Things You Should Always Tell The Babysitter

Wednesday, May 21, 2008

For many parents, leaving their children with a babysitter for the first time can be a nerve-wracking experience. After all, most of us have heard a few harrowing stories about shaken babies, sitter abuse, or neglectful nannies.

But while such concerns are valid, cases like these represent only a small fraction of babysitter problems. The more common danger, is unintentional injury due to a lack of information about the kinds of problems that can arise and what to do in case of an emergency.

Sitter Safety 101
Although no one can care for your child the way that you do, there are steps you can take to ensure safety while you're away from home. To begin, choose your sitter wisely. Ask family and friends for their recommendations, and check each candidate's references carefully.

In addition, only hire babysitters who are 13 or older, as younger pre-teens may not have the judgment or maturity to handle emergencies.You should ask whether they've taken the American Red Cross Babysitter Class and, if not, encourage them to enroll.

Rather than simply leaving your child alone with a sitter the first time, consider hiring the potential candidate as a mother's or father's helper. This way, you can see how the sitter performs first, get feedback from your child, and determine whether it's a good match.

Babysitter Guidelines
Once you've found a babysitter both you and your child feel comfortable with, it's important that you provide the information they'll need in case of an emergency.

You and your spouse's full names.
Contact information where you can be reached, as well as your cell phone number.
Your child's full name, age, date of birth, height, weight, hair color, and eye color (in case the sitter and child get separated).
The phone number and address of your house, as well as directions to it.
The name and phone number of your family doctor or pediatrician.
Emergency-services numbers and the poison-control hotline number.
Location of all the exits in your house.
Location of first-aid supplies, as well as the fire extinguisher, fuse box, and flashlights.
Contact information for neighbors, friends, and family.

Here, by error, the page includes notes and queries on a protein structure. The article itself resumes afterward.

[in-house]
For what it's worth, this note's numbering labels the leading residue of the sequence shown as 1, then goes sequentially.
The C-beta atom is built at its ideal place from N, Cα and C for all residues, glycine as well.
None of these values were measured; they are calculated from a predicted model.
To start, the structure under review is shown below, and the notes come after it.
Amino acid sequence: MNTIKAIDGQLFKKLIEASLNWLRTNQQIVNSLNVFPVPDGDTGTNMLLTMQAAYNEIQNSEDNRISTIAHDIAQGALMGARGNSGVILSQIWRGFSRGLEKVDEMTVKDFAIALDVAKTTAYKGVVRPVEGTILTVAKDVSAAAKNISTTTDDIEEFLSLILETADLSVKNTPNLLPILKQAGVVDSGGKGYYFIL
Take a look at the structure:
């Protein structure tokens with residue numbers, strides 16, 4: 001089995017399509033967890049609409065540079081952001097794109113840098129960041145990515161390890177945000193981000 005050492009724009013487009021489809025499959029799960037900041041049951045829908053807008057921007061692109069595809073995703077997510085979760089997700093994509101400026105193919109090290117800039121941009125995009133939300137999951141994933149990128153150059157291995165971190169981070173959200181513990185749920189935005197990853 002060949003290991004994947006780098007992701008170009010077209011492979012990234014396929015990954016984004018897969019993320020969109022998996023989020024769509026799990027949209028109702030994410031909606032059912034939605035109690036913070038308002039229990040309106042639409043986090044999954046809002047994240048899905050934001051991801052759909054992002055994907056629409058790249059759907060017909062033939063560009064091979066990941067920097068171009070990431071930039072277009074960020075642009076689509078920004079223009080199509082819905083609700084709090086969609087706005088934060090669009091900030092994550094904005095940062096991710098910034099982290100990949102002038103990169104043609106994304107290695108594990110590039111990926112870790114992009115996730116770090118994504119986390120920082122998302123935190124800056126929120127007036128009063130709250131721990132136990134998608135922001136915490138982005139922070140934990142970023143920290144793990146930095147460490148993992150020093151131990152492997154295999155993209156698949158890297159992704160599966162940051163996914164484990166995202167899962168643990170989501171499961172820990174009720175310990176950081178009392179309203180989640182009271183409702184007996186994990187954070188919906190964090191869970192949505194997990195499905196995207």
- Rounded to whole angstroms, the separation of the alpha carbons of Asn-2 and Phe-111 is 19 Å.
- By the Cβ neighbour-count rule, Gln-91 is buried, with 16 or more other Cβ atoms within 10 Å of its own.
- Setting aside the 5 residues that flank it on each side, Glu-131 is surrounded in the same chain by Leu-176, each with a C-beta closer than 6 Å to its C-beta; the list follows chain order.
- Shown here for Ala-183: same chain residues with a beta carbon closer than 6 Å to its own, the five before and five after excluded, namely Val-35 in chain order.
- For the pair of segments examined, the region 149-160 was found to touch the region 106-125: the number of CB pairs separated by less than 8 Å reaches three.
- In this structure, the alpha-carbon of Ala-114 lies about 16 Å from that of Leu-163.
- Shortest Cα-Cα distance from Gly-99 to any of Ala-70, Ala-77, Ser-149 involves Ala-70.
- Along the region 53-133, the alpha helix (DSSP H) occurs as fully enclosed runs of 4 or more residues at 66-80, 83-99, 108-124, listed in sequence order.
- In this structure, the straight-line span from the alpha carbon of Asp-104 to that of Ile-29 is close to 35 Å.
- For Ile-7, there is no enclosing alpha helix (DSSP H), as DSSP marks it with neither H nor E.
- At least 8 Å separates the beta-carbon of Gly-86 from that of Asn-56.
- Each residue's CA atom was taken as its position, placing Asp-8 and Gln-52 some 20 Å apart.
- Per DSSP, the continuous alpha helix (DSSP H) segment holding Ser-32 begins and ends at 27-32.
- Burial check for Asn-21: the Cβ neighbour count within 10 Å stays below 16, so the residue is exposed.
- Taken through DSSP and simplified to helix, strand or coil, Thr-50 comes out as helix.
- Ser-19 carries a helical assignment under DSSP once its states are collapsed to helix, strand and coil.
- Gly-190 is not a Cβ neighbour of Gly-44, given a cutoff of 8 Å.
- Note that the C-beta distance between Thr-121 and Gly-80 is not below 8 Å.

Special medical information, especially regarding food and drug allergies.
The time at which you can be expected home.
Your child's bedtime and bedtime routine (if your child is a baby, tell the sitter to place the child on his or her back to sleep, not on the side or stomach).
Any foods or drinks that should, or should not, be given to your child.
Any medications that should, or should not, be given to your child.
How your child should be handled if he or she misbehaves.
How to calm your child if he or she is upset (if your child is a baby, tell the sitter never to shake the child under any circumstances).
Other special instructions regarding the child, family pets, etc.

Do's & Don't

Do learn first aid and CPR.
Do keep the doors locked, even while you're outside.
Do call 911 if someone suspicious comes to the door.
Do be on the lookout for potentially dangerous items around the home.
Do keep matches, lighters, and candles away from the child at all times.
Do turn on outside lights in the evening.
Do be familiar with basic food safety, including choking and food-poisoning safety guidelines.
Don't leave the house with the child unless you have permission.
Don't talk for long periods on the phone.
Don't open the door to strangers, including delivery people.
Don't ever tell a stranger, even on the phone, that you are the babysitter.
Don't stay anywhere you feel unsafe, smell smoke, or hear a fire or smoke alarm.
Don't go outside to check on something strange, such as an unusual noise.
Don't ever leave the child alone in the bathtub, not even for a second.


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